Is any physical object that the government sticks way up inside the body of an actual person, female or male, a perception problem? Isn't a government dildo way up inside your body pretty real? Is there any conceivable way to get a person to stop perceiving it as real? If so, wouldn't that be even more scary?

What is the Republican line on that one, again? "We have a sonogram law in Texas that values and protects life," Perry spokeswoman Allison Castle said last year. "Governor Perry is proud of the steps we've taken in Texas to protect the unborn and ensure women have access to all the facts before making a life-ending decision."

Sure. That's all about the information and the decisions and the values and stuff. But what about the thing way up inside your body? Maybe the "Growth and Opportunity Report" could have been more persuasive had it included some graphic photos of the government dildo in use, faces blanked out of course. The caption could have been, "Here's our growth. What's our opportunity?" Then again, we must fear the answer.


The complete article at http://blogs.dallasobserver.com/unfairpark/2013/03/republicans_have_an_image_prob.php .

$58M verdict in death suit could be New Mexico record

A Santa Fe jury has awarded what’s believed to be the largest verdict in New Mexico history to the family of a man killed three years ago when a semi truck slammed into his car near Carlsbad.

The jury early Wednesday afternoon awarded Kevin Udy’s wife and children $58.5 million in damages — $47 million of it in punitive damages.

Bill Robins, the lead trial attorney for Udy’s estate, said the punitive damages were assessed against Standard E&S, Zia Transport and Bergstein Enterprises because the jury agreed that the firms’ truck driver, Monte Lyons of Carlsbad, had been inadequately trained, and that the firms had a record of past safety violations. He said Bergstein Enterprises, the company responsible for the safety of the other firms, is run by Peter Bergstein of Lubbock, Texas.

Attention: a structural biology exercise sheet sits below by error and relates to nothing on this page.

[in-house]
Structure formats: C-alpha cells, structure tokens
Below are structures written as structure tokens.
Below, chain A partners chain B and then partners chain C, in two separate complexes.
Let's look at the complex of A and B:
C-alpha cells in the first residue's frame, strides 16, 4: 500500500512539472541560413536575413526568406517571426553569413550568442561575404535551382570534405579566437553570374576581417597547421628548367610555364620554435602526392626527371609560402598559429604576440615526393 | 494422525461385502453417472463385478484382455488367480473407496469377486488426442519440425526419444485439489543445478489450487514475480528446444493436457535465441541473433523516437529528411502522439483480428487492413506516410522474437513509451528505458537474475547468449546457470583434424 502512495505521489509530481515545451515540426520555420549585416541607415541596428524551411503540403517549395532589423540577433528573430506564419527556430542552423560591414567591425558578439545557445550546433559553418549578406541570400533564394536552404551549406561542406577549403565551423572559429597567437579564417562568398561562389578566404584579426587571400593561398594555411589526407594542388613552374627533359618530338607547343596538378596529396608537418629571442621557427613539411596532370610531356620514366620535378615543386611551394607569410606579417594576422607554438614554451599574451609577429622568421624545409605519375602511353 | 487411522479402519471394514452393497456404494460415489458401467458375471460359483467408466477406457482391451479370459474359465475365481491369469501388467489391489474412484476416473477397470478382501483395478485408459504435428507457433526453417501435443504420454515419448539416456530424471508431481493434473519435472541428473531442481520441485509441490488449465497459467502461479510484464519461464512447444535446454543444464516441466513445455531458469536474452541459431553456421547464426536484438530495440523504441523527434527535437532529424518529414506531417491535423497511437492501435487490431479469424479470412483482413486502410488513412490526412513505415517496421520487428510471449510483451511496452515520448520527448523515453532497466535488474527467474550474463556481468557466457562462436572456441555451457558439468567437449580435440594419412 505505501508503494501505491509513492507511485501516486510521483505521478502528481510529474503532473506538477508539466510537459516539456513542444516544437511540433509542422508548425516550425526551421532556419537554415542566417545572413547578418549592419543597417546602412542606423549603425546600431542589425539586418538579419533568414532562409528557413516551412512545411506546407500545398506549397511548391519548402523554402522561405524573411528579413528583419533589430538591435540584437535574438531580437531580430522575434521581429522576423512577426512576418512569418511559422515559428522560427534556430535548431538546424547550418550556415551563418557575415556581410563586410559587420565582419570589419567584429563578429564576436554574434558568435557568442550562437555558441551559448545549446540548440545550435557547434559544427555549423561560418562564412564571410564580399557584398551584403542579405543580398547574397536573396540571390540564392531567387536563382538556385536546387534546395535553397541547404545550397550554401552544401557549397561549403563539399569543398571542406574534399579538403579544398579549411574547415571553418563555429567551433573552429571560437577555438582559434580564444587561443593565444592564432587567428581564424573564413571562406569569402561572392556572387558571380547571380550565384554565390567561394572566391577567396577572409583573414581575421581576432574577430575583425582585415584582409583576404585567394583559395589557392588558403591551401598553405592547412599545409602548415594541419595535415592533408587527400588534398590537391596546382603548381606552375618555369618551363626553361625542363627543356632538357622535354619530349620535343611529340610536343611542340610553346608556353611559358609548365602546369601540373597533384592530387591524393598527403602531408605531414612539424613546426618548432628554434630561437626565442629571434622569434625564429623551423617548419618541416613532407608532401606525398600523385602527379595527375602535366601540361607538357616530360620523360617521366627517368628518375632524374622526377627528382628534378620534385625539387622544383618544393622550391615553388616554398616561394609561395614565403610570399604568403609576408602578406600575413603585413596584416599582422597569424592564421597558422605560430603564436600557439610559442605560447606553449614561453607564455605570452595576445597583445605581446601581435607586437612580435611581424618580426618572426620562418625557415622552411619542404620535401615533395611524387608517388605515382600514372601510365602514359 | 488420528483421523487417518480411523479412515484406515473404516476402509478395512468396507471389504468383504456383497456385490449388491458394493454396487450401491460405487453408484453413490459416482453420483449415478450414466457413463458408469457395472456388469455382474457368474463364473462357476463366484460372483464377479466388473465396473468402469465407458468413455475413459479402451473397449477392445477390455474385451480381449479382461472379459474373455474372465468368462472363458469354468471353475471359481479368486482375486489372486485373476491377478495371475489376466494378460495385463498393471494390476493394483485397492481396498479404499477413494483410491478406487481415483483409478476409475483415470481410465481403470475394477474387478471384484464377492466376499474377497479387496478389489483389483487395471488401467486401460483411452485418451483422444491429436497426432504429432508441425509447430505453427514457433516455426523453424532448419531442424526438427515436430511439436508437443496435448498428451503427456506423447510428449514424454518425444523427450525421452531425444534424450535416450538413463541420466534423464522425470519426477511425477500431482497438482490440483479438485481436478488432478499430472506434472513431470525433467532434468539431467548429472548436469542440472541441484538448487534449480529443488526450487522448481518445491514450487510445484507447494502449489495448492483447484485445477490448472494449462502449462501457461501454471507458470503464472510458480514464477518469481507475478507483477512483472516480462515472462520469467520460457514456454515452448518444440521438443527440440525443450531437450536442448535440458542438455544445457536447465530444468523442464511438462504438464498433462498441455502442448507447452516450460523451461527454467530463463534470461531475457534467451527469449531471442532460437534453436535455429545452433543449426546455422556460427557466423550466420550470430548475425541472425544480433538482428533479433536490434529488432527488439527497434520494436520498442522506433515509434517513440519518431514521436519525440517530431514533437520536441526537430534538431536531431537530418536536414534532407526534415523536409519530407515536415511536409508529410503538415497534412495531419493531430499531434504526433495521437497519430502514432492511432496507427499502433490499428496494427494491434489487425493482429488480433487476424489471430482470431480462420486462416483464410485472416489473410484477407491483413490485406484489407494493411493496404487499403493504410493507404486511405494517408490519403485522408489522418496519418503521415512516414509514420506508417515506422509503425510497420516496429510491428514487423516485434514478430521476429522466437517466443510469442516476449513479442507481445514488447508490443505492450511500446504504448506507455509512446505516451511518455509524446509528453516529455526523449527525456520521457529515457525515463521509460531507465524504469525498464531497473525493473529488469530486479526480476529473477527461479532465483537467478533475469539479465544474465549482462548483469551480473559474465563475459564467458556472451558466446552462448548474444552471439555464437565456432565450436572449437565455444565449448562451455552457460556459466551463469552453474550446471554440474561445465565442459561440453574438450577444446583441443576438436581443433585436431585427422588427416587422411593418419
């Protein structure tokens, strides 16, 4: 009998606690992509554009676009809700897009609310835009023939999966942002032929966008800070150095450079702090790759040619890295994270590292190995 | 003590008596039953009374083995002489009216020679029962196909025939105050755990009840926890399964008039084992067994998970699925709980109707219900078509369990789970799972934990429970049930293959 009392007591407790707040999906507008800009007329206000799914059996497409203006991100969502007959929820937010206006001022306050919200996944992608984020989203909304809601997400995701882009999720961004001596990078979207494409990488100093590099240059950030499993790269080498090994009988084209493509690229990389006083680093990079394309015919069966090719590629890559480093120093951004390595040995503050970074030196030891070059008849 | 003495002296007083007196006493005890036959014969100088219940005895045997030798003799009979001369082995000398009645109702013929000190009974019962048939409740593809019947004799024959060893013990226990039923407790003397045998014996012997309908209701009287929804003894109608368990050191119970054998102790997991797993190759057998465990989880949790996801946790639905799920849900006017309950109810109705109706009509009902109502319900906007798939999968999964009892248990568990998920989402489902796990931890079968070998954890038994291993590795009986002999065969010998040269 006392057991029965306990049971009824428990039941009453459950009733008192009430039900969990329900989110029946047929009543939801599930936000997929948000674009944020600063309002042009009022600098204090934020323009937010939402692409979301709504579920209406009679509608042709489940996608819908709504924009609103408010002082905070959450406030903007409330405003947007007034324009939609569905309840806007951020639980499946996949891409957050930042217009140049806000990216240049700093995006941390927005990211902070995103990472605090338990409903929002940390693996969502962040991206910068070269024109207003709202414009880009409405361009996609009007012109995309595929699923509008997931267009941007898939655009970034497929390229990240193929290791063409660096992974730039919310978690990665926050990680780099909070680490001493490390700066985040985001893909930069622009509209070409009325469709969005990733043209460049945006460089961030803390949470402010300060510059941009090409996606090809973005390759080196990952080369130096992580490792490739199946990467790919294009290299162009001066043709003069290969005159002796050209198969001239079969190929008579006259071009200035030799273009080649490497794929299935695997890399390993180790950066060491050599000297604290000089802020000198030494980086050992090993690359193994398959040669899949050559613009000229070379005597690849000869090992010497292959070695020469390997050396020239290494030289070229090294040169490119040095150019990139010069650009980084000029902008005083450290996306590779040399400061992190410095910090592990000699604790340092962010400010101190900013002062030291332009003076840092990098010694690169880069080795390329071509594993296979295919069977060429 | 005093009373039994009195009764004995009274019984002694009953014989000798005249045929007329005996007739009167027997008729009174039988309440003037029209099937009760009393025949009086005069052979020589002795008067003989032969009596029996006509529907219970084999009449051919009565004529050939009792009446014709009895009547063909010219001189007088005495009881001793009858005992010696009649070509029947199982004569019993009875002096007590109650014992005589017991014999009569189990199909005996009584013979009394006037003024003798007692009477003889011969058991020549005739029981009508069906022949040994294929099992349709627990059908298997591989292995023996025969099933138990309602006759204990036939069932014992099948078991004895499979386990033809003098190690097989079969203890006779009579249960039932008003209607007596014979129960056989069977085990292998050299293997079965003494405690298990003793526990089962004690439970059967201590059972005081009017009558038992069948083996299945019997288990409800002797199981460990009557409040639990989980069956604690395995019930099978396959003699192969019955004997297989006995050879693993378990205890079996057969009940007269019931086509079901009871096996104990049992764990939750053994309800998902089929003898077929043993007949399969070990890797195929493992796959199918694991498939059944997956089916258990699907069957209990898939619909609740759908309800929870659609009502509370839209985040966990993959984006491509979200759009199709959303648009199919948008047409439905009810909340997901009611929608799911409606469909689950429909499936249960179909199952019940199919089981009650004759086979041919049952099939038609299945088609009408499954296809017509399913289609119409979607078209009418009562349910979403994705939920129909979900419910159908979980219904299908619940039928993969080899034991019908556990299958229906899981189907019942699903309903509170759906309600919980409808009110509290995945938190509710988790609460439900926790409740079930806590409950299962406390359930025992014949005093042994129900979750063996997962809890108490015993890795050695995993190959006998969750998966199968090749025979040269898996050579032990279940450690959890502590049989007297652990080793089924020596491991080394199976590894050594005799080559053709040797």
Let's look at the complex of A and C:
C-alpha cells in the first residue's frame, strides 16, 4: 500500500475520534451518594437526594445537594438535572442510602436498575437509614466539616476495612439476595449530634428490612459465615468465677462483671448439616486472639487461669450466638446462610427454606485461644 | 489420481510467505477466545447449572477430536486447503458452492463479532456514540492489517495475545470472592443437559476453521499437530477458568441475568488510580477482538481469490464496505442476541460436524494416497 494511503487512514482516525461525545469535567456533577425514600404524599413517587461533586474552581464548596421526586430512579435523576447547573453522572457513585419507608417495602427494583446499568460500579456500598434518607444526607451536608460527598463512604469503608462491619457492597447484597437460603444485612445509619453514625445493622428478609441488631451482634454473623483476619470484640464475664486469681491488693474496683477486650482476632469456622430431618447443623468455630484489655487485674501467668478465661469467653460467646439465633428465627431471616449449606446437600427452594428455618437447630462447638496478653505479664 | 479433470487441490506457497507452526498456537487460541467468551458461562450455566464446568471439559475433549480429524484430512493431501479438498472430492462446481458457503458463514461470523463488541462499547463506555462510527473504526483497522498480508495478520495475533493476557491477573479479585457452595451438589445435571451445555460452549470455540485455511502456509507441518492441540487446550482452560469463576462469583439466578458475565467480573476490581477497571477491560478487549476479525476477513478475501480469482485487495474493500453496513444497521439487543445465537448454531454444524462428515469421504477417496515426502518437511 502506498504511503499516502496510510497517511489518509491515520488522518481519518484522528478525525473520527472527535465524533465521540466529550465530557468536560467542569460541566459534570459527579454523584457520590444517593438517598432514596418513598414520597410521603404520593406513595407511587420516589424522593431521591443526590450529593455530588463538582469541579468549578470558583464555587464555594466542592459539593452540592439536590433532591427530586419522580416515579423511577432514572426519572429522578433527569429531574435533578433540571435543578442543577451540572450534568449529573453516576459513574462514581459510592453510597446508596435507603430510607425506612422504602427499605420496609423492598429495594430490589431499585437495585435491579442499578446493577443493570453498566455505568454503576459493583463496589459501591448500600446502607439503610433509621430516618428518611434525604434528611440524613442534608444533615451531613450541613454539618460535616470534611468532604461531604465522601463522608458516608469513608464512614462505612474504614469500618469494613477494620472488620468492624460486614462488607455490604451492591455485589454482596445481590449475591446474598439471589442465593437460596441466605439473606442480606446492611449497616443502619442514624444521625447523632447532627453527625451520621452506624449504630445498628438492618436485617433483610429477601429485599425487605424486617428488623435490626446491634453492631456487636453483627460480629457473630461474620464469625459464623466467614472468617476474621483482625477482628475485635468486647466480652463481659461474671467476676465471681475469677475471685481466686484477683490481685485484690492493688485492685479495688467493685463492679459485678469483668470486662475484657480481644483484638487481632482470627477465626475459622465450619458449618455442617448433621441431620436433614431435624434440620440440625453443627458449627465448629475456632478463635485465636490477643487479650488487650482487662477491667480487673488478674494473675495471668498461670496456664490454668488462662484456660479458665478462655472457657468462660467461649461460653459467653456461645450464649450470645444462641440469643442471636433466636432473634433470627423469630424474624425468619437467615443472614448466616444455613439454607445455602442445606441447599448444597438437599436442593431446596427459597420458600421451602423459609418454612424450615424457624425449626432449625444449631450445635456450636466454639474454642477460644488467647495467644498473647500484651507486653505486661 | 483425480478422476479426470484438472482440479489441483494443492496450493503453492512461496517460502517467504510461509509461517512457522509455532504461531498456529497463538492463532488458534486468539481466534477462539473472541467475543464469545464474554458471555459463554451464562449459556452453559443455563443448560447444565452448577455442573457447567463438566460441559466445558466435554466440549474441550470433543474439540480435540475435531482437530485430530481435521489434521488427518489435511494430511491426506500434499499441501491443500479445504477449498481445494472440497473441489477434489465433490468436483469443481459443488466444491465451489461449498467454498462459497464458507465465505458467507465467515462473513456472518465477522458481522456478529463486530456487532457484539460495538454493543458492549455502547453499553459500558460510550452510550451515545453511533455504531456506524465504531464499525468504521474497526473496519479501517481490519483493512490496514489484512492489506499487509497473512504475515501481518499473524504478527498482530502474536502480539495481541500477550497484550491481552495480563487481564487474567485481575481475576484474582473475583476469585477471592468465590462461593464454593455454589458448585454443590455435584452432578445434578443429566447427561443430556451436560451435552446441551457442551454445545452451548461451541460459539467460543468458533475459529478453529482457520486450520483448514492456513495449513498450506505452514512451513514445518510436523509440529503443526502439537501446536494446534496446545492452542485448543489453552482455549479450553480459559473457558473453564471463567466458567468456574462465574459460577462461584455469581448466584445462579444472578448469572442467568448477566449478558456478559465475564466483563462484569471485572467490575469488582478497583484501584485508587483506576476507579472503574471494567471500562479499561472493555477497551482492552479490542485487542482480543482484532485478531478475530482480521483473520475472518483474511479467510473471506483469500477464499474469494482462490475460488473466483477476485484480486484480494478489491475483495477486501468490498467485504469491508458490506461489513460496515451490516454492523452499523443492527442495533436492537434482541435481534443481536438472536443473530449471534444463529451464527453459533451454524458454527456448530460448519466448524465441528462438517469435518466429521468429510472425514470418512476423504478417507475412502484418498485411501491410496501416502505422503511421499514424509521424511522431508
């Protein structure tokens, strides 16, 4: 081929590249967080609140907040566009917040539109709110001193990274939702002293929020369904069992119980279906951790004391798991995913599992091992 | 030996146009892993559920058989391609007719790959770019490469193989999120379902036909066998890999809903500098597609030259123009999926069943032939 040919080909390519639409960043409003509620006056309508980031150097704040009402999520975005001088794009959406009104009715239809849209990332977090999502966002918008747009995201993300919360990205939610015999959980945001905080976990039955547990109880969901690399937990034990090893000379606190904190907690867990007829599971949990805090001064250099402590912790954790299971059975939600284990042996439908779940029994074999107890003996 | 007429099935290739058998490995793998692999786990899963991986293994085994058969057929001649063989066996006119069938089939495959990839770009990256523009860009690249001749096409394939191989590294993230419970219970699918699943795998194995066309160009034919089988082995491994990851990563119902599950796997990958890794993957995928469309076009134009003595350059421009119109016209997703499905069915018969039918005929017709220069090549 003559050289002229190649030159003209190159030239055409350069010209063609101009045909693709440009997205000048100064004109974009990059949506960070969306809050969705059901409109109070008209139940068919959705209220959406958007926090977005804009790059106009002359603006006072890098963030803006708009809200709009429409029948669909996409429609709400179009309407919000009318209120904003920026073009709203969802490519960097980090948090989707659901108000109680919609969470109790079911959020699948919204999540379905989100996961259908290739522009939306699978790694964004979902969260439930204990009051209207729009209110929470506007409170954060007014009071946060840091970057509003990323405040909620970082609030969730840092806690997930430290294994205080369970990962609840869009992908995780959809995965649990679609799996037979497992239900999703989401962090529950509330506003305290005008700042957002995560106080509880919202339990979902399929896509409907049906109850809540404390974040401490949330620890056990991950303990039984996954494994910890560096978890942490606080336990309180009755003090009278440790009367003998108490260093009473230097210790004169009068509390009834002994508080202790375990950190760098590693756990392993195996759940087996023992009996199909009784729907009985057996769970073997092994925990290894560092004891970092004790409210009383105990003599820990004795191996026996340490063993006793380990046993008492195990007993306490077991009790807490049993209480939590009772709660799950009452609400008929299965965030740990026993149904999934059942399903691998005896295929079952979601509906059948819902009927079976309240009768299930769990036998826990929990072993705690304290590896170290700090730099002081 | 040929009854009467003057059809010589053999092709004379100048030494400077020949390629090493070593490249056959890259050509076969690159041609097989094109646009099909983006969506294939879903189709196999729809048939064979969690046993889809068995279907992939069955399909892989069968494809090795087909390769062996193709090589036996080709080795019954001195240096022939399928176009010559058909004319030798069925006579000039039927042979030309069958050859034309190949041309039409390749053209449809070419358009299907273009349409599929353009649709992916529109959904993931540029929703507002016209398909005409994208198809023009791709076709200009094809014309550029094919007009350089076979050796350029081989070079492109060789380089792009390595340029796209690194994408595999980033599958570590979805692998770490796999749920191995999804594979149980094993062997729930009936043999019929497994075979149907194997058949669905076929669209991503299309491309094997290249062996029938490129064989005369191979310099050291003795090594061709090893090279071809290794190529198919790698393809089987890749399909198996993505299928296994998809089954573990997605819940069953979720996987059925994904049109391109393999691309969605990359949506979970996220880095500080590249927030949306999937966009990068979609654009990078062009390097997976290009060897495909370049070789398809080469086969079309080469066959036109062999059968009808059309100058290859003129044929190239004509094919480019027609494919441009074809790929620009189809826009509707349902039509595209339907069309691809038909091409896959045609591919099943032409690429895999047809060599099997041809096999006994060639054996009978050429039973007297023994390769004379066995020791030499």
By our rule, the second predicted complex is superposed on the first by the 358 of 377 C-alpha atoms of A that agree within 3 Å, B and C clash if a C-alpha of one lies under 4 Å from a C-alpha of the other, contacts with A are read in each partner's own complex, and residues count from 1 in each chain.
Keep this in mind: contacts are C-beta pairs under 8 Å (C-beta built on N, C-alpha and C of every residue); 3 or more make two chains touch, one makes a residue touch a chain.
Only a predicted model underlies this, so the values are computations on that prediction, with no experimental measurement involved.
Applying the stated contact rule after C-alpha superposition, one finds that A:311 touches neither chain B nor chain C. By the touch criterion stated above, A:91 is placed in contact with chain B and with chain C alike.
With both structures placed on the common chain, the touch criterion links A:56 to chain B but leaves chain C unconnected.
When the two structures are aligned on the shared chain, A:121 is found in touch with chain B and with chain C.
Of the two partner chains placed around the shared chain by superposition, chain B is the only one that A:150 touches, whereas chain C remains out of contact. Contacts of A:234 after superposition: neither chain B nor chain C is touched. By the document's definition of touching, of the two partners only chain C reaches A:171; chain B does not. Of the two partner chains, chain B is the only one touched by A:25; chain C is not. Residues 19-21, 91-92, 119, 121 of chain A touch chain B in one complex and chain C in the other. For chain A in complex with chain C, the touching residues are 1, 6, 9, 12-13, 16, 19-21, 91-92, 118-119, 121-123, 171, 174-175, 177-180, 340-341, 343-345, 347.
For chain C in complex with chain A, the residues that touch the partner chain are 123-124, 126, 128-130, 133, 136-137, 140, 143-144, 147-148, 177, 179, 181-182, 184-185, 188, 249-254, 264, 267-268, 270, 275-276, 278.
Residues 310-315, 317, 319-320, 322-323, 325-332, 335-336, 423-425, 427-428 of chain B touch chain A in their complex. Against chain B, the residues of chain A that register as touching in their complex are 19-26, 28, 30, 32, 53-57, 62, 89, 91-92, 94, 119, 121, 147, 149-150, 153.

Udy, a senior mechanical engineer for Intrepid Potash, was killed March 3, 2010, when his westbound pickup was hit by Lyons’ eastbound tanker trailer as it turned into the Standard E&S shop about three miles east of Carlsbad. Lyons “was hauling produced water from oil wells,” Robins said. “He just dropped off his last load and was coming back to the E&S shop and was turning into their driveway and cut right out in front of [Udy].”

More at http://www.santafenewmexican.com/news/local_news/article_ae2d5ecd-688c-5441-b5d8-3319f5d30c30.html .

Jindal's tax proposal could cost Louisiana $500 million to $650 million in revenue, think tank says

Louisiana could lose between $500 million and $650 million in revenue from Gov. Bobby Jindal's plan to swap sales tax for the state's income tax, according to an early analysis of the proposal released by the Public Affairs Research Council on Thursday. The report from the non-partisan Baton Rouge think tank calls into question the methods used by the Jindal in reaching its conclusion that the plan would be revenue-neutral, or continue to bring the same amount of money into state coffers as the existing tax structure.

"As this discussion of tax reform begins, lawmakers, government leaders and staff, the media and the public must insist on objective and realistic assumptions about the costs and gains of each proposal on the table," according to the report.

Tim Barfield, the executive counsel for the Department of Revenue, disputed the report's findings in a news release Thursday, arguing that the methods used by his agency were valid and had been shared with PAR.

Jindal's tax proposal would completely eliminate personal income and corporate taxes and replace them with a higher, broader sales tax. The state's sales tax rate would increase from 4 percent to 5.88 percent under the proposal, which includes taxes on services and the elimination of some existing tax exemptions.

More at http://www.nola.com/politics/index.ssf/2013/03/jindals_tax_proposal_could_cos.html#incart_m-rpt-2 .

Primates, Politics and Evolution

In the March 2013 issue of National Geographic is an article by David Quammen, “The Left Bank Ape”, that discusses the differences between bonobos and chimpanzees, both are some of Homo sapiens closest cousins. The social structures and behaviors of both species ironically bear some semblance to that of their more advanced cousins (human beings).

The bonobos, in case you haven’t heard, carries a reputation as the “make love, not war” member of the ape heritage, far lustier and less bellicose than its close cousin, the chimpanzee. Modern studies of zoo populations by the Dutch-American biologist Frans de Waal and others have documented its easy, pervasive sexuality and its propensity for amicable bonding (especially among females), in contrast with chimpanzee dominance battles (especially among males) and intergroup warfare.

Bonobos are a distinct form of the chimpanzee unique to the Left Bank of the Congo River that have slightly smaller proportions than chimps.